What Are The Impacts Of Voice In Their Eyes Were Watching God

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The novel Their Eyes Were Watching God is not just the story of Janie Crawford, but an exploration into the deeply rooted impacts of voice. The novel explores the idea that a person’s voice can be a powerful tool for self-expression and empowerment, but it can also be suppressed by societal expectations and gender roles. Janie’s journey towards finding her voice and using it to assert her independence and identity is a testament to the importance of speech. The writing also reflects on Zara Neale Hurston’s own experience as a black woman in Jim Crow America. The use of an “unrefined” African American dialect throughout the novel’s narration celebrated the depth, intellectual complexity, and very existence of black culture, a theme revolutionary …show more content…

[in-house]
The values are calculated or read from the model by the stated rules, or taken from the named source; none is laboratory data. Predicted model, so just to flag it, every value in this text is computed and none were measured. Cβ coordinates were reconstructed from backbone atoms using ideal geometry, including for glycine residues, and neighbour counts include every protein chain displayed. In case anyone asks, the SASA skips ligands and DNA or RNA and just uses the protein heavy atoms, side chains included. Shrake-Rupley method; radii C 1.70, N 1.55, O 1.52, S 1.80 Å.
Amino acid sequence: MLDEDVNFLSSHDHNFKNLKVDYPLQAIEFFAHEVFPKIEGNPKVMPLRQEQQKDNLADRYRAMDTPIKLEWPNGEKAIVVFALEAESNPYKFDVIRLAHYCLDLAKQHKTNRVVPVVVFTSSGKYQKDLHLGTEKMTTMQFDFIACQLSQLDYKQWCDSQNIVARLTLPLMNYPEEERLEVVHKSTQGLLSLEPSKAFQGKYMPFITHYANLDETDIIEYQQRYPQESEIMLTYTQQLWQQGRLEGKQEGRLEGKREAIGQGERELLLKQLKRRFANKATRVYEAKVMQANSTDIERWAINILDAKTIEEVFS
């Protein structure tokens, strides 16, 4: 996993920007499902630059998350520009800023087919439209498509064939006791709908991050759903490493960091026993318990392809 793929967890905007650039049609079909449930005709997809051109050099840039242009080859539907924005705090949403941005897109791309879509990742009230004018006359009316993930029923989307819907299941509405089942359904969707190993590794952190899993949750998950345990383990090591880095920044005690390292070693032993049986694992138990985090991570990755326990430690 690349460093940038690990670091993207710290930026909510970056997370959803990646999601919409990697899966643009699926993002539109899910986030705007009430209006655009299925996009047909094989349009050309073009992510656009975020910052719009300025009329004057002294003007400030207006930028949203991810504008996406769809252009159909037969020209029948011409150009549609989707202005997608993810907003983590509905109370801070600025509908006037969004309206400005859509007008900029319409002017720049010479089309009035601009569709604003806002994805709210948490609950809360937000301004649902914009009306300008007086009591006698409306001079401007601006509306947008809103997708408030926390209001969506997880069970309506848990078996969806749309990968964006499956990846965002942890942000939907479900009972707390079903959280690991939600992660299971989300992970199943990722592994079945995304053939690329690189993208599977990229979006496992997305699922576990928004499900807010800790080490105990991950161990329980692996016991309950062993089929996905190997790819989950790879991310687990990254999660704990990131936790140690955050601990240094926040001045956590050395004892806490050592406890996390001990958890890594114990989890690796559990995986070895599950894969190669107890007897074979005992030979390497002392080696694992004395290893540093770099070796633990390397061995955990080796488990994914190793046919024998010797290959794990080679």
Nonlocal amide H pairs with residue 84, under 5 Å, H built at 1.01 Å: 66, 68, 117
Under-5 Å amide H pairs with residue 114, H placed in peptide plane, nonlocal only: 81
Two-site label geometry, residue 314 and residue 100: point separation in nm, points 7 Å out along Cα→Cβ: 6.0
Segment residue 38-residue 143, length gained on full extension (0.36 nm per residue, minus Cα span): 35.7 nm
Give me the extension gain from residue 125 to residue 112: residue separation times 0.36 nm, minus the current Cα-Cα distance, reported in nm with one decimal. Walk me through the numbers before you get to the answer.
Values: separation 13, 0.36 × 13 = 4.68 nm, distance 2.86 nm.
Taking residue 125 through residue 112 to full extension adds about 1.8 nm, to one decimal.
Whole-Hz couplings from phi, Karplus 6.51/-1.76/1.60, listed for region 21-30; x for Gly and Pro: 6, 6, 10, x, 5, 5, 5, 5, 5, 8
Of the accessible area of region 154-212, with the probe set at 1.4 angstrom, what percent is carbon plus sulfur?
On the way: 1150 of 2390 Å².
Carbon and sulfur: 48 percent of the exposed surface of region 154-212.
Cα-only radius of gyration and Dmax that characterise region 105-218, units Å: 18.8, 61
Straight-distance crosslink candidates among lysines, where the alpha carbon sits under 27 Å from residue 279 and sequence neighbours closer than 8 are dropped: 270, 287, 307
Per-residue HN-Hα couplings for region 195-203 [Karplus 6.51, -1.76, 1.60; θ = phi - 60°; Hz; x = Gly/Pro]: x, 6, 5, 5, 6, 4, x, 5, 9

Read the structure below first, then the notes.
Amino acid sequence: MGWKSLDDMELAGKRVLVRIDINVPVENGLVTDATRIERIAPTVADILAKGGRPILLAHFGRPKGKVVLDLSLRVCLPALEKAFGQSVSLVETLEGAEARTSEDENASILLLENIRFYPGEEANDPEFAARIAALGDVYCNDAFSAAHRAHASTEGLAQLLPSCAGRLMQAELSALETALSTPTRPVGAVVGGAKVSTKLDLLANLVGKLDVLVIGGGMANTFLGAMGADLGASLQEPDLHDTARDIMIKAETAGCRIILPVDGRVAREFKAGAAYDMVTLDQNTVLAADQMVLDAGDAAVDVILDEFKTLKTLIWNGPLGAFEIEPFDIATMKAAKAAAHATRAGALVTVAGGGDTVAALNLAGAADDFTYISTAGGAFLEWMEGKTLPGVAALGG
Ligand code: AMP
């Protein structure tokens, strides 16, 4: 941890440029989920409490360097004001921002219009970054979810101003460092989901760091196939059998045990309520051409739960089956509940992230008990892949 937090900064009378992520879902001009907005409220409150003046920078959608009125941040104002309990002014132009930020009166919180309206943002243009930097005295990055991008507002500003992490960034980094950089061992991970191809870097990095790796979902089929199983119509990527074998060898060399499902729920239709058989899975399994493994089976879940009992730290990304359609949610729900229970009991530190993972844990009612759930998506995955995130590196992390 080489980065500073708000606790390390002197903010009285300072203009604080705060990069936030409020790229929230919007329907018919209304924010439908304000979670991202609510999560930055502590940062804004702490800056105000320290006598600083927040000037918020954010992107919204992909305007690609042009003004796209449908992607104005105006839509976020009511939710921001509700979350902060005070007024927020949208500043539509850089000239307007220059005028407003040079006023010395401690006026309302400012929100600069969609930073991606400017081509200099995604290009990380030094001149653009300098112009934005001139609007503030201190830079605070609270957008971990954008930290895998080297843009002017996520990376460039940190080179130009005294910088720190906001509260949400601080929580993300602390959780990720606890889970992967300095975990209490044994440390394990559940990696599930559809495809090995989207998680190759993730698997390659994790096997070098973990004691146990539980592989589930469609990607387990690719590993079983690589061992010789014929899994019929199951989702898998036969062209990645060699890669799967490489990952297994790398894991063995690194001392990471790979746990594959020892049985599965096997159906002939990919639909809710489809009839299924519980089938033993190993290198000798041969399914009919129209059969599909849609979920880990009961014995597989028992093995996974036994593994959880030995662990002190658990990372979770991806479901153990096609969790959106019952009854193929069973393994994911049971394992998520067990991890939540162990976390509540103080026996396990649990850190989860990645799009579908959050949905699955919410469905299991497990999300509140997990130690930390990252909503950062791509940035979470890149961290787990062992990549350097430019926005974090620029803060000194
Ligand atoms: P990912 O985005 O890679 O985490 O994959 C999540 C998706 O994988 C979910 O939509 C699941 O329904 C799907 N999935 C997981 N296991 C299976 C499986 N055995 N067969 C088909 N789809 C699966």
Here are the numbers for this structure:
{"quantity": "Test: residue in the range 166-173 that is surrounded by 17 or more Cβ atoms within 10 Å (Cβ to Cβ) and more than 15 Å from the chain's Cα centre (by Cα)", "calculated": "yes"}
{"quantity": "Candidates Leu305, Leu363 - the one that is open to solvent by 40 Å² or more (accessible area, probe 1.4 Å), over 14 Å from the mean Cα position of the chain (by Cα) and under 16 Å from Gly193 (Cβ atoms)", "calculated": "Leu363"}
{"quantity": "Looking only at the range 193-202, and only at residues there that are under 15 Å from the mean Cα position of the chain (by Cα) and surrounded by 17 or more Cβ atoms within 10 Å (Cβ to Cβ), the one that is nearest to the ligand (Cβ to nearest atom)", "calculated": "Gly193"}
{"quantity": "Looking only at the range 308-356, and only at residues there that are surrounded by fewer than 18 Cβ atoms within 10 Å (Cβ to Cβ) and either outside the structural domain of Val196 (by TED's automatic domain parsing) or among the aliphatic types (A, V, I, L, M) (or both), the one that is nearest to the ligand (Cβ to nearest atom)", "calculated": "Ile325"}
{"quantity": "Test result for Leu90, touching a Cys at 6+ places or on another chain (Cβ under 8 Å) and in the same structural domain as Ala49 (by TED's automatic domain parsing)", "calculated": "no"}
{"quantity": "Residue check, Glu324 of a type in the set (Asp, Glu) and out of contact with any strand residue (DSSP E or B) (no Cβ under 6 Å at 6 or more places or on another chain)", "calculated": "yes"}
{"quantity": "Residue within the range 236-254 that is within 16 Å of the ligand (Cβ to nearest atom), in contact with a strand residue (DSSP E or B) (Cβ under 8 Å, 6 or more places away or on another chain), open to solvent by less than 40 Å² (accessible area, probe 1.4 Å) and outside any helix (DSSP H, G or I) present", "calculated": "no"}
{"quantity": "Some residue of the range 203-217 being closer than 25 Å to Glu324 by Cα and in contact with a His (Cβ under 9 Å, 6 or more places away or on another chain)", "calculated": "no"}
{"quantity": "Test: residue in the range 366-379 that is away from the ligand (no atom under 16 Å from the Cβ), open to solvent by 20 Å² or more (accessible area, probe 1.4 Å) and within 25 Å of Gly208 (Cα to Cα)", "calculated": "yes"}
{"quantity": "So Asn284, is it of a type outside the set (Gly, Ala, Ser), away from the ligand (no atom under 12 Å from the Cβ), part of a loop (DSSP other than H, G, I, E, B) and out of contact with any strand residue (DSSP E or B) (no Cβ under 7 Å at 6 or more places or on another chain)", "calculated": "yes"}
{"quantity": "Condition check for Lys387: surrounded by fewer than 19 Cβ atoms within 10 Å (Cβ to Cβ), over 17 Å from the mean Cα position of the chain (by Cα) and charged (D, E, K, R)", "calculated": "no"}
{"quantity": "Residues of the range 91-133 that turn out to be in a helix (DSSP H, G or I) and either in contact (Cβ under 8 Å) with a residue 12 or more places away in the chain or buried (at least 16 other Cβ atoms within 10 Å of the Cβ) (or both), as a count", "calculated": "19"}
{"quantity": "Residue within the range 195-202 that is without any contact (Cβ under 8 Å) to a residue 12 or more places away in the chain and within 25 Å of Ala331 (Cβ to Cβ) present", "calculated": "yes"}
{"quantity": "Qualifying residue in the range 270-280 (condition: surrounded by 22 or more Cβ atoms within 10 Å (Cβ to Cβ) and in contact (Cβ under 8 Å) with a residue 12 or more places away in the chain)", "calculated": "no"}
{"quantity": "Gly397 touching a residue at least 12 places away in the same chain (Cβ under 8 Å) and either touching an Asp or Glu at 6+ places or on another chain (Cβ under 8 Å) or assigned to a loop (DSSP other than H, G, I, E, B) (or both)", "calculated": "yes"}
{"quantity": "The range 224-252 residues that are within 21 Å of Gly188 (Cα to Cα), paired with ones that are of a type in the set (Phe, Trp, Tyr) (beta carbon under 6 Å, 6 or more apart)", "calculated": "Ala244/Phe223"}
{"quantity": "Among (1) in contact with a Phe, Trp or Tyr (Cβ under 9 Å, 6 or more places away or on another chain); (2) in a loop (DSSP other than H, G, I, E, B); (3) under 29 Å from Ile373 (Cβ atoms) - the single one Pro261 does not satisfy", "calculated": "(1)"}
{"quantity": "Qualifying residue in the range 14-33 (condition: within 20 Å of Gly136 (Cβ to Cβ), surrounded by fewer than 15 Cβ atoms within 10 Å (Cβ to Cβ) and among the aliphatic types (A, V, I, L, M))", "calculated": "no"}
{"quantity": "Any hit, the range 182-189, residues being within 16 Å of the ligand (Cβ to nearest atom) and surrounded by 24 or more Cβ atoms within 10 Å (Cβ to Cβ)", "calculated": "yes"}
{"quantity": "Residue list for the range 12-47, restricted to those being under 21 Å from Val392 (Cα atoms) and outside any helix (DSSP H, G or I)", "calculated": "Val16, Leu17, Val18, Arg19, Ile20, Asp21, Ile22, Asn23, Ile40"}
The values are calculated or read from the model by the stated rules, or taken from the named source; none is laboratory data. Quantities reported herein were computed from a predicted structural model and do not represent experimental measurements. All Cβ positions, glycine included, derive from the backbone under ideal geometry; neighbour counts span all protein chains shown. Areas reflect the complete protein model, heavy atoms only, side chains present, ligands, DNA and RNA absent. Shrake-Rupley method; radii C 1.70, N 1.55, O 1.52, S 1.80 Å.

Originally a reclamation of her choice, or her freedom, Janie finds herself silenced by Jody, who overpowers her and forces her into a subservient role through his social ambitions, which originally attracted Janie to him. She reclaims her sexual freedom in the beginning of their relationship, however quickly becomes an object for Stark’s own pleasure, rather than an equal in a passionate union like she desires. However, after Jody’s death, Janie finally finds the strength to use her voice and express herself. She becomes a leader in the community and asserts her independence and identity through her words and actions. A key moment in her self-reclamation is her uncovering her hair again; Jody had forced her to cover her hair, which serves as a symbol of her sexual appeal and sexuality, thereby stripping her of her sexual power. The climax of Janie’s journey towards (re)finding her voice is when she returns to the new home she had made with Tea Cake, a lover of hers who she ran off with after Stark’s death, after Tea Cake Though Tea Cake’s presence also suppresses Janie’s voice, he is instrumental in teaching her her value, both sexually, and socially. In their relationship, Janie’s silence is for the first time empowering, a sacrifice that she willingly chose. When Tea Cake dies, she realizes that she is her own woman again. She has seen the horizon and what she has desired, and she Her return, alone and okay with that, represents a powerful assertion of her voice and her right to exist on her own terms. During her return she is described as having “her horizon like a great fish-net…” draped it over her shoulder. In the beginning of the novel, the horizon symbolized dreams, goals, and moments, but by the end, Janie has achieved the horizon. The horizon has gone from standing not for what she hopes for, but for what she has achieved, self-acceptance, fulfillment, and

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